One of Hollywood’s finest actress Taraji P. Henson is basking in showers of appraisal for her recent role as Katherine Johnson, a mathematician, in NASA movie ‘Hidden Figures.’
“Take that, maths! I won: I became an actress” – Taraji P. Henson declares!
Talking to W Magazine recently, Taraji P. Henson explains why she’s having the last laugh after failing Maths in College, even with two tutors.
“I’m a pretty good actress,” she says. You could say that, right? Well, to play Katherine Johnson, a mathematician who figured out a way to get NASA astronauts into space, I had to be believable as a math expert—and I failed math in college.
“Precalculus looked like Chinese to me. Even with two tutors, I still failed. So God has an incredible sense of humor, because now I am playing a mathematician! Even on set, they would have a professor there to try to teach me.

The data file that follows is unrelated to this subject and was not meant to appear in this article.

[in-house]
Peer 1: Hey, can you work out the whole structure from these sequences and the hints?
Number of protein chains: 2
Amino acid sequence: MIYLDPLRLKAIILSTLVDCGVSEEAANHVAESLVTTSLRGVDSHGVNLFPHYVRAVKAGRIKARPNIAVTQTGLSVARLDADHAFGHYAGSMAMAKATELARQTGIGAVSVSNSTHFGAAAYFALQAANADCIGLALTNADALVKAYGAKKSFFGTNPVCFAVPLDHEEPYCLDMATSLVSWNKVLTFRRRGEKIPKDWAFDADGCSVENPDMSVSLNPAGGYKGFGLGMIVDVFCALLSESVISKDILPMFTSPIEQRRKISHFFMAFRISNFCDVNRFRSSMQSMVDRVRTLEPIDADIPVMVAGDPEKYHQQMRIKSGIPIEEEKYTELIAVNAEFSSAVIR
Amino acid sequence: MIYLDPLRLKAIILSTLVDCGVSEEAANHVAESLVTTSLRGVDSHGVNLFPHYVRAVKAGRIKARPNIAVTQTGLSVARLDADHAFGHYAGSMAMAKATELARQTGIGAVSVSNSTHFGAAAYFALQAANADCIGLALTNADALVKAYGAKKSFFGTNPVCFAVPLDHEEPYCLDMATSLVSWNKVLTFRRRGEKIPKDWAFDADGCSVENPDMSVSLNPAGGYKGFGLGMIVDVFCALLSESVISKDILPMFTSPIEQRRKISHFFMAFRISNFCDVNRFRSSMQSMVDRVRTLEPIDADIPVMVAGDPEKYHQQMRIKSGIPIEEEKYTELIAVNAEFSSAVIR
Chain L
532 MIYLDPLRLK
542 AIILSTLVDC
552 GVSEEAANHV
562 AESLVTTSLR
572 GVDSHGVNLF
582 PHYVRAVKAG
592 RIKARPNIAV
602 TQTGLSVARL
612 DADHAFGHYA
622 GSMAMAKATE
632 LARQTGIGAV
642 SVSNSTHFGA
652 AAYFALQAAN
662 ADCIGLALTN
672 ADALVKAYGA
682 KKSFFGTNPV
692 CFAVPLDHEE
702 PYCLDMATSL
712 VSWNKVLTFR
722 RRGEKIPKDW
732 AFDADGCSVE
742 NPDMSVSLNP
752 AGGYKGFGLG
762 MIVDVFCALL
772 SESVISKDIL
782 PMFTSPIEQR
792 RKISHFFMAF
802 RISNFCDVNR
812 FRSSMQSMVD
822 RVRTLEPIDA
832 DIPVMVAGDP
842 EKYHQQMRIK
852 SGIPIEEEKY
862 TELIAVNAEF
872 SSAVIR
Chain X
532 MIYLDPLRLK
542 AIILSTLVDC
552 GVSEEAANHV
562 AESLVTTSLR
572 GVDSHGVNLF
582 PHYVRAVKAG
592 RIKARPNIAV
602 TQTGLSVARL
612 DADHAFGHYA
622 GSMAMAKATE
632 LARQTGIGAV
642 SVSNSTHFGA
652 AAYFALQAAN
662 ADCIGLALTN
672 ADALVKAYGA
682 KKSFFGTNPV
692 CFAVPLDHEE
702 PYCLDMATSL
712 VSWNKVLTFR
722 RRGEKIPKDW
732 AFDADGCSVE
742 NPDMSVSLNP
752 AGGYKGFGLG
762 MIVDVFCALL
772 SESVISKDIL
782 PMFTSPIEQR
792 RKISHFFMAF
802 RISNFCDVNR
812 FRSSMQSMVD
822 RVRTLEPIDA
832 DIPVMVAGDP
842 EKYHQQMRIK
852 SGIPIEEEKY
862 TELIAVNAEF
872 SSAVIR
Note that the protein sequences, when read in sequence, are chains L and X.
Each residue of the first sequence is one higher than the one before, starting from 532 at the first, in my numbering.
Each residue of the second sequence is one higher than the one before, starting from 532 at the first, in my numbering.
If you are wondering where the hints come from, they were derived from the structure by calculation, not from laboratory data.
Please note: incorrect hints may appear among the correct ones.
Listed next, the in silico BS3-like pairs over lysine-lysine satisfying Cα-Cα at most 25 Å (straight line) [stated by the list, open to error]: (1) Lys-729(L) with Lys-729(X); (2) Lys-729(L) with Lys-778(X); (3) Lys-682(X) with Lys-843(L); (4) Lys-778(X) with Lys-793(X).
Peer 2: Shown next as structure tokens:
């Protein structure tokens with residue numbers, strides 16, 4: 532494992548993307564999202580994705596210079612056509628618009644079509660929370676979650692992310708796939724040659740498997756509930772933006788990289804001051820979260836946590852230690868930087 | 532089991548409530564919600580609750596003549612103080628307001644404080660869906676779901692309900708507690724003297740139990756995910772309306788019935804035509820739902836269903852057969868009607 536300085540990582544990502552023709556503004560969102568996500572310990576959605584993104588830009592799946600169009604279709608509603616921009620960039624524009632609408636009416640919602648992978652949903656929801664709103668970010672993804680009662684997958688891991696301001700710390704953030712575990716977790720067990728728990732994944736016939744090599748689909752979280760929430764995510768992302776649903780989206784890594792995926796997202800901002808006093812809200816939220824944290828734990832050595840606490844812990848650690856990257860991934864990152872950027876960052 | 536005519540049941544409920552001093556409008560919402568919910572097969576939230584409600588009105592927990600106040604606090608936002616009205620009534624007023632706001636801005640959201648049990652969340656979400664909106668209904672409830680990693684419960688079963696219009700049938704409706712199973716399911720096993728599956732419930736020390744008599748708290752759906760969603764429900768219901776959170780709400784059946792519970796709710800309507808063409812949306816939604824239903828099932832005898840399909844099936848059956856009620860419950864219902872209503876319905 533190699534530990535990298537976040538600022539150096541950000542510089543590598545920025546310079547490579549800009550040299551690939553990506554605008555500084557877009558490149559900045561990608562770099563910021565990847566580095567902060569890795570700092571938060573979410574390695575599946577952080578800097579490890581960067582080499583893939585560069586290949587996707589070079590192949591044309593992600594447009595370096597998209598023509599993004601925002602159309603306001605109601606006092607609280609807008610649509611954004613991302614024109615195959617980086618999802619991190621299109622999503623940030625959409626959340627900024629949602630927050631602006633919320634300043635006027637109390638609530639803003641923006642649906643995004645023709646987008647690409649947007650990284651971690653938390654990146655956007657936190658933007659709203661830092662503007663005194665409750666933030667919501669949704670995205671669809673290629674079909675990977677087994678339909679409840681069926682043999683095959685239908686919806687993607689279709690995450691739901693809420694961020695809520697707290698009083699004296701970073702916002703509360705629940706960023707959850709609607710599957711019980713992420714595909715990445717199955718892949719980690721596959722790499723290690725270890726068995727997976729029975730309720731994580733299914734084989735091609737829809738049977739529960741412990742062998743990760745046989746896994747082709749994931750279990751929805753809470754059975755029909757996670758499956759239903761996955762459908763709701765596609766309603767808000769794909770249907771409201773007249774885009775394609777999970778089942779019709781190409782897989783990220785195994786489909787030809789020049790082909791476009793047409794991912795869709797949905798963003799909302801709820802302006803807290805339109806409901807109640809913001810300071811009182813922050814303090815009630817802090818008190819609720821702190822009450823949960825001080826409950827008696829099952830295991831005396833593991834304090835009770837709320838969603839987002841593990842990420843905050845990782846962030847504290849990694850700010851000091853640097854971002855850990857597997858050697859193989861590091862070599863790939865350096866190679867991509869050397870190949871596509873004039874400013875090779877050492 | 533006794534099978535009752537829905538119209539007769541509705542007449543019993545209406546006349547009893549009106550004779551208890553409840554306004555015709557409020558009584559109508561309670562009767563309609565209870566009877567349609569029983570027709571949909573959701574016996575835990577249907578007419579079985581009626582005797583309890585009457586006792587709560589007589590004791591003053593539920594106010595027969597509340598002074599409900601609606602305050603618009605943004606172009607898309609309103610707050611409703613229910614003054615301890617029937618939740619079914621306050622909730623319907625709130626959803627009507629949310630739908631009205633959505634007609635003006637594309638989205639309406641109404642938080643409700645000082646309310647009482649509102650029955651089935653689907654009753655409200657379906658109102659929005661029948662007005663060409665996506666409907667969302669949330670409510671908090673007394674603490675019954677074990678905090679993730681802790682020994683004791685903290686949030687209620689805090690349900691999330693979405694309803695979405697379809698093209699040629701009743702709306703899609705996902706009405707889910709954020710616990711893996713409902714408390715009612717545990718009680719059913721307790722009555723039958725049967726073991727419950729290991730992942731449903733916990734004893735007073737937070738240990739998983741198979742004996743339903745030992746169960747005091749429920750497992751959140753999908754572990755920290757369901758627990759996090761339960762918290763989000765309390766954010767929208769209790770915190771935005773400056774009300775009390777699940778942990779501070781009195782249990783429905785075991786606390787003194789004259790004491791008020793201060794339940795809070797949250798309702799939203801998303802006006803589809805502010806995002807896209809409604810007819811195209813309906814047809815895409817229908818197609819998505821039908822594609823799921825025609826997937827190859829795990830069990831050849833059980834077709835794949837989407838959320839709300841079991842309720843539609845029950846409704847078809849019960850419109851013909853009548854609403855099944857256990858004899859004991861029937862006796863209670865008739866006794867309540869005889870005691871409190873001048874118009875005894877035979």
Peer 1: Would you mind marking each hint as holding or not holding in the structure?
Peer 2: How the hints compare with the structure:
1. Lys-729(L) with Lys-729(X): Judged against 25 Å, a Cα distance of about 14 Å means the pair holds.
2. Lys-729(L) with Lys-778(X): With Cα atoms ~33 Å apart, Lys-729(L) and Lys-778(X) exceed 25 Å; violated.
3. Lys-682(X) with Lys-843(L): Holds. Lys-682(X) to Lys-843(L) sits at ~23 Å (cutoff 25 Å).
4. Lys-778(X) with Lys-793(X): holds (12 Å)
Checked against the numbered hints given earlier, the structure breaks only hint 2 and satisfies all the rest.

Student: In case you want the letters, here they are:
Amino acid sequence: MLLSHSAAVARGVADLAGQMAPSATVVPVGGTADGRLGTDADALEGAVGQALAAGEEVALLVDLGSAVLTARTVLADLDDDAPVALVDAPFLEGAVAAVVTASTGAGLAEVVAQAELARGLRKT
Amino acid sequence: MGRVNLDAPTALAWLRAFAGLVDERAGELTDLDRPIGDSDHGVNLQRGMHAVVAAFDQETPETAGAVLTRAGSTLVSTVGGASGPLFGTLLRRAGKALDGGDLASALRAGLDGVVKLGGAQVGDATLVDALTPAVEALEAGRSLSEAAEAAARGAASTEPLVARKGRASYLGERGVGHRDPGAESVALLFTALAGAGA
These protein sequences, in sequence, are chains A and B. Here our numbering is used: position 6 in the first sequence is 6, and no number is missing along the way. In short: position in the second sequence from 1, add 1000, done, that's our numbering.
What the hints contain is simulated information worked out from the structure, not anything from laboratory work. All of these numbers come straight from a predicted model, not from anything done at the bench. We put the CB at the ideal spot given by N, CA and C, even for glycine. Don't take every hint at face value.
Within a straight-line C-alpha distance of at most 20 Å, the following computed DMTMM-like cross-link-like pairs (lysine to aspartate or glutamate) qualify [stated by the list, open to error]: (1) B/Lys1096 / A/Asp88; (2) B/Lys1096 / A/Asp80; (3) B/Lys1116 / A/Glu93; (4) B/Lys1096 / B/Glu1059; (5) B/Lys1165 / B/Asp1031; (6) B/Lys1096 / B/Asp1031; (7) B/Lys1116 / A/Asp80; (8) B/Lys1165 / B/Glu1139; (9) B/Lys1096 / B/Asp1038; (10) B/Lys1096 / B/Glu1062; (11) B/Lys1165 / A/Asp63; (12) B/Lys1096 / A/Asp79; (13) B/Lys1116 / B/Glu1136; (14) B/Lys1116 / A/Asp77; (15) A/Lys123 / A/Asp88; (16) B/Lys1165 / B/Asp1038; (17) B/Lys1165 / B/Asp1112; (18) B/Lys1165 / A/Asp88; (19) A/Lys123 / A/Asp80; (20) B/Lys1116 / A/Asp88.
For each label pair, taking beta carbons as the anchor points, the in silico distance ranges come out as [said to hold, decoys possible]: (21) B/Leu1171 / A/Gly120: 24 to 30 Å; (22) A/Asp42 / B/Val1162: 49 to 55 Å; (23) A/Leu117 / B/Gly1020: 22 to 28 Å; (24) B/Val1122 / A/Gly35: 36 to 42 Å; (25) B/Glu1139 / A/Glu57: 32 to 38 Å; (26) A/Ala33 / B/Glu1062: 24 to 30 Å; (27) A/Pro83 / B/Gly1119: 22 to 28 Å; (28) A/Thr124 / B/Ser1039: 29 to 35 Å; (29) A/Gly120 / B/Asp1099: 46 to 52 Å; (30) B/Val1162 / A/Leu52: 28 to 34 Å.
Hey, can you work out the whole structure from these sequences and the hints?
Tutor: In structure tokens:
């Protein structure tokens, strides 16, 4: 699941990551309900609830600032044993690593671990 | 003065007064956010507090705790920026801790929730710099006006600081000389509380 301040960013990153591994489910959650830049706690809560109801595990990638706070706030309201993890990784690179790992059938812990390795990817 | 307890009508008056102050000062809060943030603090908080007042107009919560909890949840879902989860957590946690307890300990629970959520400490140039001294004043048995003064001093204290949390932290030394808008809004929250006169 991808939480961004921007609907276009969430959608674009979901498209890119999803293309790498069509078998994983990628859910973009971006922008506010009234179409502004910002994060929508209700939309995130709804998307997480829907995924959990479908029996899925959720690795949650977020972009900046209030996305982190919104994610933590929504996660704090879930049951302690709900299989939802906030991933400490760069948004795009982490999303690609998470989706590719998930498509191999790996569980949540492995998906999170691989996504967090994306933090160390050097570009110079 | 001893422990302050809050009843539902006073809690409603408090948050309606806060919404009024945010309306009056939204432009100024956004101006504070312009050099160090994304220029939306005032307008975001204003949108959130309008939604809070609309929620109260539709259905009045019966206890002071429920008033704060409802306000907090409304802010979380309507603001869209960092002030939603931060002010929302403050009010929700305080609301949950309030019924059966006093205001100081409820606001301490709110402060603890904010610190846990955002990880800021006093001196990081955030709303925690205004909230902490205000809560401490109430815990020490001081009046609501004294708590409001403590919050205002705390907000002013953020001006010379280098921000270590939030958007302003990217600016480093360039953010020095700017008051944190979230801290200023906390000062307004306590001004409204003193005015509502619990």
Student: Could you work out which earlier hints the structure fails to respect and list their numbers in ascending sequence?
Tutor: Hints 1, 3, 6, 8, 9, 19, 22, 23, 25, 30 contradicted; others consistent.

“I said, ‘Show me what I have to write and I’ll memorize it because I’m not gonna get it.’ Take that, math! I won: I became an actress.”
The Hidden Figures focuses on three brilliant African-American women at NASA. These women, Katherine Johnson (Taraji P. Henson), Dorothy Vaughan (Octavia Spencer) and Mary Jackson (Janelle Monáe) serve as the brains behind one of the greatest operations in history: the launch of astronaut John Glenn (Glen Powell) into orbit, a stunning achievement that restored the nation’s confidence, turned around the Space Race and galvanized the world.
While the 46-year-old graced the cover of one of the issues of Entertainment Weekly magazine in 2016, she talked about “Empire,” “Cookie,” and the personalities she would love to portray in other movies.
According to the no-nonsense lady with a hot body to kill for, who also is arguably the most interesting character in the TV series Empire, she wants to be a man in a movie.
“I haven’t played a superhero yet, I haven’t played a psycho character yet. I want to play a man, like I want to really disappear. I have so much to do.”
Taraji is close to achieving that dream as her role in ‘Hidden Figures’ portrays her doing what only men have done in the past.